Quantcast

Level 3 limits

The Rocketry Forum

Help Support The Rocketry Forum:

tmazanec1

Well-Known Member
Joined
Oct 30, 2016
Messages
83
Reaction score
2
Does Level 3 certification have a limit? Or, as far as Tripoli is concerned, you could launch a 50X scale Saturn V with a AX-5000000000000?
 

Nytrunner

Pop lugs, not drugs
Joined
Oct 15, 2016
Messages
7,187
Reaction score
2,667
Location
Huntsville AL
In basic, Level 3 HPR certification allows the purchase and use of M-O motors.

You should look up the FAA Class III (Not the same as HPR L3) launch vehicle definition. Anything Class III requires tons of advanced simulations and a project submission to the FAA.
 

tmazanec1

Well-Known Member
Joined
Oct 30, 2016
Messages
83
Reaction score
2
BTW, anybody want to run that AX-5 trillion powered rocket through a flight sim? :)
 

Incongruent

Well-Known Member
Joined
Oct 25, 2016
Messages
1,735
Reaction score
5
Does Level 3 certification have a limit? Or, as far as Tripoli is concerned, you could launch a 50X scale Saturn V with a AX-5000000000000?
Not on earth.

The acoustics would then be damaging enough to, you know, cause literal earthquakes and tsunamis. Pretty sure people would mind. It would also kill you if you were anywhere near enough to recognize the rocket as a rocket and Tripoli does not like casualties in its name. Getting certified to launch it even with that worked out is also impossible: A Cato would be roughly 2 little boys and a fat man (the nukes!) in terms of energy, and what are ya gonna do about the giant lumps of flaming propellant or the mushroom cloud?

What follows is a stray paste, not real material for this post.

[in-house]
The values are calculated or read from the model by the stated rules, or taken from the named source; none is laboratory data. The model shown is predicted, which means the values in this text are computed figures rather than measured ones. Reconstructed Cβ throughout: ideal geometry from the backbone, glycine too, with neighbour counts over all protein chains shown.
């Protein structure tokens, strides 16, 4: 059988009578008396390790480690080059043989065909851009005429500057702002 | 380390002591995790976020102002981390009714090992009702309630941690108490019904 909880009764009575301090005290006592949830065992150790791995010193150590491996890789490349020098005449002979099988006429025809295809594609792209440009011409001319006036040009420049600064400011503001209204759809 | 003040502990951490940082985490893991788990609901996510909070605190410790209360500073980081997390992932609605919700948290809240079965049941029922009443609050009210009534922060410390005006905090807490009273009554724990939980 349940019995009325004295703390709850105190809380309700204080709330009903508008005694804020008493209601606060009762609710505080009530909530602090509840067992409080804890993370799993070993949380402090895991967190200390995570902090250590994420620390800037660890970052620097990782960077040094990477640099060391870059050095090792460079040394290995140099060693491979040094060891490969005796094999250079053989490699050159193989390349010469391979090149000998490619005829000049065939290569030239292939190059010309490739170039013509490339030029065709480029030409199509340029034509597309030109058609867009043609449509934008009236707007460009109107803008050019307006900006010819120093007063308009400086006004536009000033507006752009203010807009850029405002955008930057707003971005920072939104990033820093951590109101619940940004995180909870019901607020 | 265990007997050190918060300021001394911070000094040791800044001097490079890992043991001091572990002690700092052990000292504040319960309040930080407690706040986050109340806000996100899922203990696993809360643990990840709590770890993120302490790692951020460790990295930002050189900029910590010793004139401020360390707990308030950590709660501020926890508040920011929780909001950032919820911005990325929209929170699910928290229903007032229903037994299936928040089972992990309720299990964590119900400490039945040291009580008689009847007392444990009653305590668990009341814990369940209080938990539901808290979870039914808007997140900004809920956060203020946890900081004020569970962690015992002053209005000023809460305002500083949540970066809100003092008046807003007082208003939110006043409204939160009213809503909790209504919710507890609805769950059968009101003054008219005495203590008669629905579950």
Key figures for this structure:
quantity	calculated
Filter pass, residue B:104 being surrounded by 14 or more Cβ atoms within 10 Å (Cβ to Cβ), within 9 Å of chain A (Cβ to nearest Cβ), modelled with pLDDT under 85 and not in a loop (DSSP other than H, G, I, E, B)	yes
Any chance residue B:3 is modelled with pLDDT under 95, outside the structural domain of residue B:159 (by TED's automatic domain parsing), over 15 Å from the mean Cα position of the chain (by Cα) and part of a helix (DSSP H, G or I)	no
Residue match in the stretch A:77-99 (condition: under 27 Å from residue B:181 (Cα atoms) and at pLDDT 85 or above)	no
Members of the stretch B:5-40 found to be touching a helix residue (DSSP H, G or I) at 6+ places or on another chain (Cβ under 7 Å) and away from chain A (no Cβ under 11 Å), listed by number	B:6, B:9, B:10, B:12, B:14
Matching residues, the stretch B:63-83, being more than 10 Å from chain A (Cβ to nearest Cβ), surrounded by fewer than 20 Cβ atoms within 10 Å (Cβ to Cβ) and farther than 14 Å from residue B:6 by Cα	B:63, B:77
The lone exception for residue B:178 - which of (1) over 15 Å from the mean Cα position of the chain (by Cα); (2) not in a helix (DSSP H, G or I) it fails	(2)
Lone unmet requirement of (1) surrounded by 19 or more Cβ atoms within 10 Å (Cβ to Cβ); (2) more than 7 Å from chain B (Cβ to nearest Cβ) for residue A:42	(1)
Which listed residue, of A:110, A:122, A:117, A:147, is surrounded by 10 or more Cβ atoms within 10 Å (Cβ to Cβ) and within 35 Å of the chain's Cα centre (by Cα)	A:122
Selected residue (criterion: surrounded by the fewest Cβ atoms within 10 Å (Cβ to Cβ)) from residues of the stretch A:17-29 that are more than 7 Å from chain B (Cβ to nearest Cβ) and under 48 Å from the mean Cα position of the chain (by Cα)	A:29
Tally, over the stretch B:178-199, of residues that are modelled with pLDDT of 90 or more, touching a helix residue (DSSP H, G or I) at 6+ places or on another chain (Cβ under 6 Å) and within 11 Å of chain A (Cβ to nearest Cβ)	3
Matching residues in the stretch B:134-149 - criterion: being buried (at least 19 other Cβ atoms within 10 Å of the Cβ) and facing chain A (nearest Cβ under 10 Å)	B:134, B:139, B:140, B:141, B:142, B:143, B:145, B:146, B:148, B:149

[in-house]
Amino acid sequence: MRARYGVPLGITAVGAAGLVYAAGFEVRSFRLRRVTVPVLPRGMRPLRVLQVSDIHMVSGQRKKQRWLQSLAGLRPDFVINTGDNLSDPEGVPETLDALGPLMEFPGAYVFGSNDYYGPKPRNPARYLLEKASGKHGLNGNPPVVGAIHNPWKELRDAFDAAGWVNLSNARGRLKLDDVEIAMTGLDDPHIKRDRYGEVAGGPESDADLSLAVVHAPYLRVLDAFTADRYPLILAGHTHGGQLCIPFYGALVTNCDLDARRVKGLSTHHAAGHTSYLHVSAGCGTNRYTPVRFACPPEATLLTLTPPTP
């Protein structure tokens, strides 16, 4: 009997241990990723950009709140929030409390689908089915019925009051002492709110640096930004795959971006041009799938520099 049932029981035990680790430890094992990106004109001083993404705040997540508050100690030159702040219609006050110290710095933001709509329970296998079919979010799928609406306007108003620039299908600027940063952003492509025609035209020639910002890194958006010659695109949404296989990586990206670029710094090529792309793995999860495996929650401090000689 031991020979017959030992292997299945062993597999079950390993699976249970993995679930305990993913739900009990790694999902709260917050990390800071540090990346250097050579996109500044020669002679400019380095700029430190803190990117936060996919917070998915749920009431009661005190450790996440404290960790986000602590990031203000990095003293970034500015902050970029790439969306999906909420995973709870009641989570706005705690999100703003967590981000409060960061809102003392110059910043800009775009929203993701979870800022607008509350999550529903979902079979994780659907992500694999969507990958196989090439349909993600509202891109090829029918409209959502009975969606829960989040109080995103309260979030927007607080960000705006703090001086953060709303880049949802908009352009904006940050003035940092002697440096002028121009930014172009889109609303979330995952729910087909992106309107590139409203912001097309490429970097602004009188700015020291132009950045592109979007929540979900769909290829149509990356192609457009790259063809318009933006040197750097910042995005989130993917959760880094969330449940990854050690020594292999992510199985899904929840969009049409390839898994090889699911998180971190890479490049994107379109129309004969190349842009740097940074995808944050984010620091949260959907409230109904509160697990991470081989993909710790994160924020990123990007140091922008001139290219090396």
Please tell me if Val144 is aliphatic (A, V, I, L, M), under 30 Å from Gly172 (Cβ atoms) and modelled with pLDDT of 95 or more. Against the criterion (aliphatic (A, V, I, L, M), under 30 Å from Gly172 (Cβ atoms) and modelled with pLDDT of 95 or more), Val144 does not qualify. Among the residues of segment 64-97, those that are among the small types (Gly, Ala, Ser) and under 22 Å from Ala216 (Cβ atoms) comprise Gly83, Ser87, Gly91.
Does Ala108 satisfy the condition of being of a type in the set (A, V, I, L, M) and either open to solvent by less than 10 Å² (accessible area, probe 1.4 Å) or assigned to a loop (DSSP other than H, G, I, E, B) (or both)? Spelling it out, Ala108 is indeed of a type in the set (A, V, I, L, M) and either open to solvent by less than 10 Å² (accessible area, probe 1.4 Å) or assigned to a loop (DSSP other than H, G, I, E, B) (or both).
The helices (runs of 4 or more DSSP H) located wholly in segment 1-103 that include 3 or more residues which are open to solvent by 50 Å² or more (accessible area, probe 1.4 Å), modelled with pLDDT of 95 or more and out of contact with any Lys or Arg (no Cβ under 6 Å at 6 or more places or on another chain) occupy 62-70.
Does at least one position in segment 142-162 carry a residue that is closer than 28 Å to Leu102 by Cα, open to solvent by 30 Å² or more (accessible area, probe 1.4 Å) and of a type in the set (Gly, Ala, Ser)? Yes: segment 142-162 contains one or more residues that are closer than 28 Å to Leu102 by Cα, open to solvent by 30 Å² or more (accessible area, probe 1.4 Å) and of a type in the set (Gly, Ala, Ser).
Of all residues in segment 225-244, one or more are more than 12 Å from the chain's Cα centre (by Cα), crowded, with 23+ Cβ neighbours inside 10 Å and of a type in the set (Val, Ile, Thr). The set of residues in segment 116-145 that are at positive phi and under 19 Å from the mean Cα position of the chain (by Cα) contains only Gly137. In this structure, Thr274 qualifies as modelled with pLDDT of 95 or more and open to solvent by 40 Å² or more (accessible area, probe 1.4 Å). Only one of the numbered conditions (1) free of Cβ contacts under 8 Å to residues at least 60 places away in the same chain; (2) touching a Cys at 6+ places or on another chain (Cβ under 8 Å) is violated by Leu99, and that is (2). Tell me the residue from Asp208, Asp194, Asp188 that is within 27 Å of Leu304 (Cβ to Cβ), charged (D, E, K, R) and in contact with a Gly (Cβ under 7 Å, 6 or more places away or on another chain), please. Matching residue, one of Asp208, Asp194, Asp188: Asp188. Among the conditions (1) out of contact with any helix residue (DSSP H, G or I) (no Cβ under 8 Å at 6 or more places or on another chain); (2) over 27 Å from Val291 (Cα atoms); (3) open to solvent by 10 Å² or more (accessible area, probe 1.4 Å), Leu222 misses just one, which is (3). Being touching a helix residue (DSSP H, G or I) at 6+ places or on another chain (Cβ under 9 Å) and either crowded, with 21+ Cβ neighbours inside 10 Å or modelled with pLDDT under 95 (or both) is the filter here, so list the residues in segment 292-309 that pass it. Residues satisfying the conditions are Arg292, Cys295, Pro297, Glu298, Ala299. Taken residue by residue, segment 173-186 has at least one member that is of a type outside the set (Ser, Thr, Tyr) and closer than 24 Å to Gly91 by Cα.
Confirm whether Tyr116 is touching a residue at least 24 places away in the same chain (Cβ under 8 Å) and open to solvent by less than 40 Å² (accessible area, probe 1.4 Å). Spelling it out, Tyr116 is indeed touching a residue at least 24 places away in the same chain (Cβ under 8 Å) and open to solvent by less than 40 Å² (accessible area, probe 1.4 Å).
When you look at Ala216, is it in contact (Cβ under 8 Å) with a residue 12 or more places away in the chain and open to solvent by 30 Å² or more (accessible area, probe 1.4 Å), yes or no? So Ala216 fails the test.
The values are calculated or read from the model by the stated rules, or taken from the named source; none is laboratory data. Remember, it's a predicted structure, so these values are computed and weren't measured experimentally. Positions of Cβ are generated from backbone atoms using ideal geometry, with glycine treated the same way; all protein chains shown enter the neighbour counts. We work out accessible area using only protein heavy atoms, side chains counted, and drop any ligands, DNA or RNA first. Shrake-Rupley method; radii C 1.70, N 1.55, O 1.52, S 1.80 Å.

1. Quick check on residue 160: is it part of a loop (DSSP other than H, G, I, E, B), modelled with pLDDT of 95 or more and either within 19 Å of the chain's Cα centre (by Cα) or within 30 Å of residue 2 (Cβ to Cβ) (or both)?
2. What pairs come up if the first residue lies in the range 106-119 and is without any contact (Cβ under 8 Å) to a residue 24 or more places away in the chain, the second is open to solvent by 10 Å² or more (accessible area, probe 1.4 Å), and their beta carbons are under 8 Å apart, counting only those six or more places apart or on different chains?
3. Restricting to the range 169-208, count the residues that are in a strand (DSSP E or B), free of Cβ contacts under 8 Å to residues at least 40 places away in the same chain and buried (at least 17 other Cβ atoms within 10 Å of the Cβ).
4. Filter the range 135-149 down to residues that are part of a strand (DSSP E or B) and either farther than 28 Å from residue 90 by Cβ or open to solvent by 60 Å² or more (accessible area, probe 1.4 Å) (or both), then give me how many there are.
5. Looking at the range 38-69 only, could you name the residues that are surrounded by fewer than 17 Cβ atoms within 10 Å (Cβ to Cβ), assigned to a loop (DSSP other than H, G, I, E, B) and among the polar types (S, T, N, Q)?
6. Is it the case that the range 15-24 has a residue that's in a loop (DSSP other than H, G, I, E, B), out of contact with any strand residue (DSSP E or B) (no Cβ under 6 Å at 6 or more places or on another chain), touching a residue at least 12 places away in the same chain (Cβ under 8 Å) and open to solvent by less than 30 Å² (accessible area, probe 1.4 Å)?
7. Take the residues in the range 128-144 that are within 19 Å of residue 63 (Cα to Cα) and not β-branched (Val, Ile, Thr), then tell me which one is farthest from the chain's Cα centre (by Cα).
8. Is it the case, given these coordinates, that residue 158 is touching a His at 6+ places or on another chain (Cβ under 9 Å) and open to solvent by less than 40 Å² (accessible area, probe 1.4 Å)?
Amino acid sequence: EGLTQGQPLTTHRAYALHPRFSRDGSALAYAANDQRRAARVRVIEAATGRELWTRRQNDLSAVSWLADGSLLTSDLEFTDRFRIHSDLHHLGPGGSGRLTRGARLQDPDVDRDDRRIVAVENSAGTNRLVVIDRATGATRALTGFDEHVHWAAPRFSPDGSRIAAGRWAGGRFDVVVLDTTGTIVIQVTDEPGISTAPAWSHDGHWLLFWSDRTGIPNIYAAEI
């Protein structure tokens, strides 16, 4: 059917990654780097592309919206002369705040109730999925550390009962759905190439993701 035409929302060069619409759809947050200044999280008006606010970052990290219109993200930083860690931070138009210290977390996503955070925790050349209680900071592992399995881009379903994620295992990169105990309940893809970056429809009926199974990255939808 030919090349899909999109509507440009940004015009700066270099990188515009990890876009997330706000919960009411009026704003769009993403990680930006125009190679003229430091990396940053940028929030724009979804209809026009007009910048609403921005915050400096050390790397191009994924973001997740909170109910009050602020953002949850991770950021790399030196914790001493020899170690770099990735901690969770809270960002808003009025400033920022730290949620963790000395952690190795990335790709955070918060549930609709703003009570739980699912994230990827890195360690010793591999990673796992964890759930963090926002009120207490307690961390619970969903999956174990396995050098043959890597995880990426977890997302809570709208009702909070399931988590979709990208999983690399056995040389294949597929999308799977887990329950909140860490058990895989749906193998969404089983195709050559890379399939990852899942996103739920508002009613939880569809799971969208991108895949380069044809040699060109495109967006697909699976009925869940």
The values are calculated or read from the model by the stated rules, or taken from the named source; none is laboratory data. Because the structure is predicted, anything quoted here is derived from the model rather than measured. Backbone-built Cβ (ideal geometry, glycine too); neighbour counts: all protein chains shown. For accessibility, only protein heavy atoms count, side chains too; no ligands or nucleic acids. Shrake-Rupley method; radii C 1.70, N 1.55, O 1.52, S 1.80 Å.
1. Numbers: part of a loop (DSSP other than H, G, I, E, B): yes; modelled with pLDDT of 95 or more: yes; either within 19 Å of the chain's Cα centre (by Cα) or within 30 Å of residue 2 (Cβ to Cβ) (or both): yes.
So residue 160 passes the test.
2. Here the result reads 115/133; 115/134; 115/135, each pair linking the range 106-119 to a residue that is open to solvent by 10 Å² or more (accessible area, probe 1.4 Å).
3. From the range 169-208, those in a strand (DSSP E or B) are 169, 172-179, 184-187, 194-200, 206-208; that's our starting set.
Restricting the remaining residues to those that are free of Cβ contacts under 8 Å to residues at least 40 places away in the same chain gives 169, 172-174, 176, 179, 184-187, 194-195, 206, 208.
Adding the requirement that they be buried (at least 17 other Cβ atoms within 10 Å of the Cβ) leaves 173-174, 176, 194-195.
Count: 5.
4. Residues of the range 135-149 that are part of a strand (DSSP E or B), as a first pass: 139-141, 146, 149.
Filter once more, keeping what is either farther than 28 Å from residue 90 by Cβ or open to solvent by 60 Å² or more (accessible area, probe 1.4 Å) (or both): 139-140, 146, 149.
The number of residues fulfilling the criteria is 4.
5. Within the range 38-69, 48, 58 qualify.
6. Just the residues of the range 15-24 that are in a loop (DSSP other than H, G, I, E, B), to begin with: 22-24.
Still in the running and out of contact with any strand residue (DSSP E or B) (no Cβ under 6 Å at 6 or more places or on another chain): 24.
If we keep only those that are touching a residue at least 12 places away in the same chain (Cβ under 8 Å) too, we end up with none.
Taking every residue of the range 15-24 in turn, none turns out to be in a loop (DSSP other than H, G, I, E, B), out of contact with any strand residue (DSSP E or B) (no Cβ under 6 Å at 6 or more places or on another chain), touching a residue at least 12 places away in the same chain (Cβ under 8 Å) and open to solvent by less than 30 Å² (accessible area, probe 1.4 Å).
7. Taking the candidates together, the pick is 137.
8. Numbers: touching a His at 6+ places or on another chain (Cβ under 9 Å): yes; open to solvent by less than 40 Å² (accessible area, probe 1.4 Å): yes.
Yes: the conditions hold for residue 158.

And that's just the tip of the iceberg.
 

scsager

Slightly burned-out old guy
Joined
Apr 24, 2010
Messages
1,768
Reaction score
67
Does Level 3 certification have a limit? Or, as far as Tripoli is concerned, you could launch a 50X scale Saturn V with a AX-5000000000000?
The rules for Tripoli, (and for NAR too) regarding L3 CERTIFICATION are easily researched on either the TRA or NAR websites.

Over- simplified, it boils down to flying a COMMERCIALLY available CERTIFIED M, N, or O motor up to but not exceeding 40,960 Ns to OBTAIN L3 certification.

People have flown larger - that's very true, but not for L3 certification.

Anything exceeding 40,960 Ns becomes an FAA Class 3 Advanced High-Power Rocket, and is subject to additional regulation.
 
Last edited:

Bat-mite

Rocketeer in MD
Joined
Dec 5, 2013
Messages
10,888
Reaction score
1,632
Location
Maryland
Right. It is federal law you are concerned with, not NAR and TRA. You don't have to be certified to fly any HPR motor on your own with an EX motor. Clubs require certs, and vendors require certs to buy HPR motors; but if you make your own motors and comply with all FAA and NFPA regulations, get your own FAA waiver, etc., certification is a formality.

That said, since many of us fly with a club and buy commercial motors, certifying is highly significant.
 

Latest posts

Top